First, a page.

Oh Canada lyrics:
“He was carried from the water by a solider
And the picture screams a thousand different words
He was running from the terror with his father
Who once believed that nothing could be worse
“So he’d handed a man two thousand precious dollars
The way you’d rest a bird in a lion’s open jaw
And he told his boys that Canada was waiting
There was hope upon her golden shores
“But at night he said a quiet prayer to the wind
Oh Canada, if you can hear me now
Won’t you open up your arms towards the sea?
Oh Canada, if you can help me out
All I ever wanted was a safe place for my family
“Well the days were long but the nights were even longer
And the babies never left their mothers’ side
But the boat was small and the waves were getting stronger
And they began to fear they’d not survive
“So the father said “We gotta hold each other tighter
I’m not losing everyone I love tonight
And we’ve come so far I know that out there somewhere
There’s a place where we’ll not fear for our lives”
“But as he held onto the side of the boat he looked up at the sky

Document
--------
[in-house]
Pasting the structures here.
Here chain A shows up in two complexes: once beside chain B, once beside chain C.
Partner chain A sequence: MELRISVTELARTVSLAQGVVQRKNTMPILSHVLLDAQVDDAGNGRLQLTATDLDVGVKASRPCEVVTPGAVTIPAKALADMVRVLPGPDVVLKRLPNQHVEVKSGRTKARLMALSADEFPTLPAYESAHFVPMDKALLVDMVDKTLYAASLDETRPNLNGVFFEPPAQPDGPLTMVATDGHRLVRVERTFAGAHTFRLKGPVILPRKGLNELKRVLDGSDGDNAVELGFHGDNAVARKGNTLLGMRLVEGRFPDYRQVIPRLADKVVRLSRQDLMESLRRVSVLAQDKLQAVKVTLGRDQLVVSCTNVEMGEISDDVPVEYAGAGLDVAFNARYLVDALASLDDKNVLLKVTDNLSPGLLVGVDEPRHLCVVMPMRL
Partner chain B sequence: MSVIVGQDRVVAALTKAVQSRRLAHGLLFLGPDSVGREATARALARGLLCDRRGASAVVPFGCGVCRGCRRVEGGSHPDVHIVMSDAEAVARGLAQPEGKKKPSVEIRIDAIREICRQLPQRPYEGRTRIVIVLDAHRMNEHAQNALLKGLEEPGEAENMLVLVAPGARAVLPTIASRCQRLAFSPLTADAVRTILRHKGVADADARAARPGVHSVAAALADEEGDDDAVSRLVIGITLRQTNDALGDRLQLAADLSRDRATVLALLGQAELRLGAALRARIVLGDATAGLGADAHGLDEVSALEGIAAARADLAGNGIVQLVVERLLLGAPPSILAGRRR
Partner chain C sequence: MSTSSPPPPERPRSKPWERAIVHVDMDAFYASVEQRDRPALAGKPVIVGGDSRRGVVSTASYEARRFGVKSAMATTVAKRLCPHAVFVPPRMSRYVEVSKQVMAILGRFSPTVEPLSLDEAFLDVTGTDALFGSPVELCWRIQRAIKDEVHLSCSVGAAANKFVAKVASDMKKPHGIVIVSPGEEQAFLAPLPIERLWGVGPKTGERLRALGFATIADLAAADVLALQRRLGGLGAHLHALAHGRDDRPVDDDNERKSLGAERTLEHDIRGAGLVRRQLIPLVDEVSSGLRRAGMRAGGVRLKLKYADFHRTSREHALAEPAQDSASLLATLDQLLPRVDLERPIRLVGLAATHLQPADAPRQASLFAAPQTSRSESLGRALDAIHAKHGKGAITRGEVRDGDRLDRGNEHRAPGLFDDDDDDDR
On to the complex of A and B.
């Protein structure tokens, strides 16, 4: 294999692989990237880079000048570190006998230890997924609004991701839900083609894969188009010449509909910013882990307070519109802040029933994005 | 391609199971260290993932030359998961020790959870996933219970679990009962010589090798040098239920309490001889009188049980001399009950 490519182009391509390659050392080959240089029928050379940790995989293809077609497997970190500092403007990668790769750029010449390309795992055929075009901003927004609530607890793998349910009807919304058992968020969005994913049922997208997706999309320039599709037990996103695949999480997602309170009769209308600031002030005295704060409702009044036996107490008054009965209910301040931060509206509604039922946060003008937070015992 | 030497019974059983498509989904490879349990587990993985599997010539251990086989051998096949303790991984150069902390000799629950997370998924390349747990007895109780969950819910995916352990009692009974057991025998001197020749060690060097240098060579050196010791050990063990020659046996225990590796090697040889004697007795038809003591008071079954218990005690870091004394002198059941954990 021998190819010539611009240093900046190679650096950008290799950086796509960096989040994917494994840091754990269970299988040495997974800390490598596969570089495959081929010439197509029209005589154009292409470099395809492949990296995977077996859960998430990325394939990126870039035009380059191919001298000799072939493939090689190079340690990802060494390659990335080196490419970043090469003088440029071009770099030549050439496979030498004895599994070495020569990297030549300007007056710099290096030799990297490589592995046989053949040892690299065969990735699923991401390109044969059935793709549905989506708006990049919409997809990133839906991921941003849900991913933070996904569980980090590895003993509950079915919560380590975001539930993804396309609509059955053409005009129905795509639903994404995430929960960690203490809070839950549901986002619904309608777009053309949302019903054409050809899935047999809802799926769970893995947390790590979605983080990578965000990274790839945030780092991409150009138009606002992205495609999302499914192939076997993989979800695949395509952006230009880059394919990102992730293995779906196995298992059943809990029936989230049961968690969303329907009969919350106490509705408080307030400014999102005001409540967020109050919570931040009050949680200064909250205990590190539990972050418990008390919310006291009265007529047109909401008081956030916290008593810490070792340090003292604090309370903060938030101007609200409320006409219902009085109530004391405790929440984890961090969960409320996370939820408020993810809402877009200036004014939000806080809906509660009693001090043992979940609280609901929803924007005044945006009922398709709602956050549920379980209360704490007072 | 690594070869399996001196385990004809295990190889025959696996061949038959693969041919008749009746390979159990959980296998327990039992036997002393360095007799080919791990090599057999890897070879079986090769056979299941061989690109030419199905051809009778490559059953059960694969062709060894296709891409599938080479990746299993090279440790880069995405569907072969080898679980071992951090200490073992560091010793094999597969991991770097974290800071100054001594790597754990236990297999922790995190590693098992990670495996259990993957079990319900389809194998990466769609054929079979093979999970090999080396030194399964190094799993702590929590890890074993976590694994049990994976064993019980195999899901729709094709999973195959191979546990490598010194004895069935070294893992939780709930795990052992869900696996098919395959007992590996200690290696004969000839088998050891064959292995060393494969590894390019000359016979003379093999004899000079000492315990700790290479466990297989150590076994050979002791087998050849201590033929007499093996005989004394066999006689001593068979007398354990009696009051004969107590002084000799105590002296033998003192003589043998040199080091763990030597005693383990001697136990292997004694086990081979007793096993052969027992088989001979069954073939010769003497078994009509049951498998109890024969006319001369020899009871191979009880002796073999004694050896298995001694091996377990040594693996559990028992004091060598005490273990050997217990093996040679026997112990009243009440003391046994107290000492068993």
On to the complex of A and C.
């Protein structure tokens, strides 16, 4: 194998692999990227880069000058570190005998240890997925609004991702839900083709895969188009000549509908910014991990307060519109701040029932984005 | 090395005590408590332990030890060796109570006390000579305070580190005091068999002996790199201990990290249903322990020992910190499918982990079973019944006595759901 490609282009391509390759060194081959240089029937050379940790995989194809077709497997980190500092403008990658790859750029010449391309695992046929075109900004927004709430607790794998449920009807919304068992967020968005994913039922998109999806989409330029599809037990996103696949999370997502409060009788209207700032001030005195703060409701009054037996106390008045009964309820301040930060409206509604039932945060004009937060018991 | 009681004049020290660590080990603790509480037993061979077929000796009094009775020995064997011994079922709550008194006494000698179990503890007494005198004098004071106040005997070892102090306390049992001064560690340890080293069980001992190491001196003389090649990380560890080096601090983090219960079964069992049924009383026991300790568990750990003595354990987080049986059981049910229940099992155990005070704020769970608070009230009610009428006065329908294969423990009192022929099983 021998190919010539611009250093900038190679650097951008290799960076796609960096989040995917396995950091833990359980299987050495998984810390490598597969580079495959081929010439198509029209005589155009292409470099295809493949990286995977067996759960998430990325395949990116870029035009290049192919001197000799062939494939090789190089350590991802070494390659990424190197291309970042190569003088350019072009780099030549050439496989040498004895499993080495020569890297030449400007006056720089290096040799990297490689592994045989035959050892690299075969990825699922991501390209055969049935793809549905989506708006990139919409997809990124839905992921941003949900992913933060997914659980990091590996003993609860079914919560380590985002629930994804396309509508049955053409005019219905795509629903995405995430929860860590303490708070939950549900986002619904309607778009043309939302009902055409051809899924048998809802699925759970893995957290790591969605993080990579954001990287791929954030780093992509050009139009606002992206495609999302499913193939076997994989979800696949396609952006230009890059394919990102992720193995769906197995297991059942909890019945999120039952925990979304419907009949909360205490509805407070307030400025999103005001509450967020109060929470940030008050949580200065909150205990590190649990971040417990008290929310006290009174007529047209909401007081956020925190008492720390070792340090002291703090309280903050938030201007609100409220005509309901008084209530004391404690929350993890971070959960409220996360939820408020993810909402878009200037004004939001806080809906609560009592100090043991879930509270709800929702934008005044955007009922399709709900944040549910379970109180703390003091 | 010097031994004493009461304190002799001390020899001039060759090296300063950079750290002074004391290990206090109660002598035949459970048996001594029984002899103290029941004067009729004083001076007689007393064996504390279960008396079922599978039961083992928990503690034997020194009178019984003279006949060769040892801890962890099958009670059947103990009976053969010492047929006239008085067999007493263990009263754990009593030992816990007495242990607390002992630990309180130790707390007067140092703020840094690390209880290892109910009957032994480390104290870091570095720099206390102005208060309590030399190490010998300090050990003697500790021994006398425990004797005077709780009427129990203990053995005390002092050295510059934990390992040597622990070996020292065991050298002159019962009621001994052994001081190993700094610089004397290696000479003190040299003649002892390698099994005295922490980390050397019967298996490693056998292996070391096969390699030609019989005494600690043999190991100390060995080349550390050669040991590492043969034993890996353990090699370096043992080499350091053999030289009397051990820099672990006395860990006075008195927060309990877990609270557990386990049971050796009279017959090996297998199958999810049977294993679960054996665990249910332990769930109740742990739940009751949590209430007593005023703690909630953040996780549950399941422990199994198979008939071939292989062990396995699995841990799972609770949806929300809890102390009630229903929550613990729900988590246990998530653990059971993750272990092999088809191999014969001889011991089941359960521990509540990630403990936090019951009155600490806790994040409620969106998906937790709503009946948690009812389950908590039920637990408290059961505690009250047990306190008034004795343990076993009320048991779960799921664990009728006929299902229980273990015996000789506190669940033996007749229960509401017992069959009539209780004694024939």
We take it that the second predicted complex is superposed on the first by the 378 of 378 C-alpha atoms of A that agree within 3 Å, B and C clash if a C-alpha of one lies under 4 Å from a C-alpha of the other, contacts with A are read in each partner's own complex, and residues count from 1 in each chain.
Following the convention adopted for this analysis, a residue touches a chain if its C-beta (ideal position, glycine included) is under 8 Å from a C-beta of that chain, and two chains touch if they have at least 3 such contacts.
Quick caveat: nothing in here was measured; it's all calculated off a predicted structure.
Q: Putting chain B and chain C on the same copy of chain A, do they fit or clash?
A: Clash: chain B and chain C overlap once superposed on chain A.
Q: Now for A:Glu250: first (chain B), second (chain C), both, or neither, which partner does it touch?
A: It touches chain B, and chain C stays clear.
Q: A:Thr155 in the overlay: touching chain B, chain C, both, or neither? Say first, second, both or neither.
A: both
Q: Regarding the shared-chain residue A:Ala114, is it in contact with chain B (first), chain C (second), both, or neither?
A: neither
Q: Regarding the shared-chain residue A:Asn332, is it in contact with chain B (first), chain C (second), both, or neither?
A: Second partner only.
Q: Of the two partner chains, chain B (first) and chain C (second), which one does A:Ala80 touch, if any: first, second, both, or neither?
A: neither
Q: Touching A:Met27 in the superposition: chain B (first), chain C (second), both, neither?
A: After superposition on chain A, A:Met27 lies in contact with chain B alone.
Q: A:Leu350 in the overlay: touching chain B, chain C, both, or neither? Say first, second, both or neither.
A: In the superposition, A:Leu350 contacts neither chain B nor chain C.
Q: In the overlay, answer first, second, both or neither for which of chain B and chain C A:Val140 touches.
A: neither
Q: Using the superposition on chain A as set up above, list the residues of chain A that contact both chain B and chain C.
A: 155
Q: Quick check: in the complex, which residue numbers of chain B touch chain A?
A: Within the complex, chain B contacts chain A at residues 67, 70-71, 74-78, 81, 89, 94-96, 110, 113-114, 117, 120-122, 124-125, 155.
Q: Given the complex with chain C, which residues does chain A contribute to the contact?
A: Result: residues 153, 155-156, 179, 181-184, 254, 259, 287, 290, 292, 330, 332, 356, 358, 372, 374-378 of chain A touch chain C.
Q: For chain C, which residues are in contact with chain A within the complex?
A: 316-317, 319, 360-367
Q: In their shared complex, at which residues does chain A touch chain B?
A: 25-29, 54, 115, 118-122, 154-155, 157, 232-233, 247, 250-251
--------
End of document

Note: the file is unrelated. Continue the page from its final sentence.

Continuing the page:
“Oh Canada, if you can hear me now
Won’t you open up your arms towards the sea
Oh Canada, if you can help me out
The sea is turning and I think we’re going down
“Anyone if you can hear me now,
Won’t you open up your heart towards the sea
Anyone, please help us out
All we ever wanted was a safe place for our family
“There’s a million ways to justify your fear
There’s a million ways to measure out your words
But the body of Alan being laid upon the sand
Tell me how do you live with that?
Written by Missy Higgins. Published by Missy Higgins productions.
Honored with Global Music Awards' 2017
Heretic Award for Protest/Activist Music
This year’s honoree for Global Music Awards Heretic Award, Raye Zaragoza, Native-American (Pima tribe)/Taiwanese singer and songwriter for her song, In the River. This important protest song, like all memorable protest songs, comes directly from the heart. LINK
The song is a protest in support of the movement against the planned $3.78 billion, 1,172-mile-long underground oil pipeline project in the United States running from North Dakota, through South Dakota and Iowa, and ends at the oil tank farm in Illinois. The Meskwaki (Fox), Sioux and many other Native-American tribes object to Dakota Access Pipeline because the pipeline and its construction threatens the tribes’ way of life, precious water aquifers, land and sacred burial grounds. Toward the end of 2016 protesters from more than 300 Native American tribes were residing in the three main camps, alongside an estimated 3,000 to 4,000 pipeline resistance supporters. Unfortunately, a security firm used dogs and pepper spray against the protesters.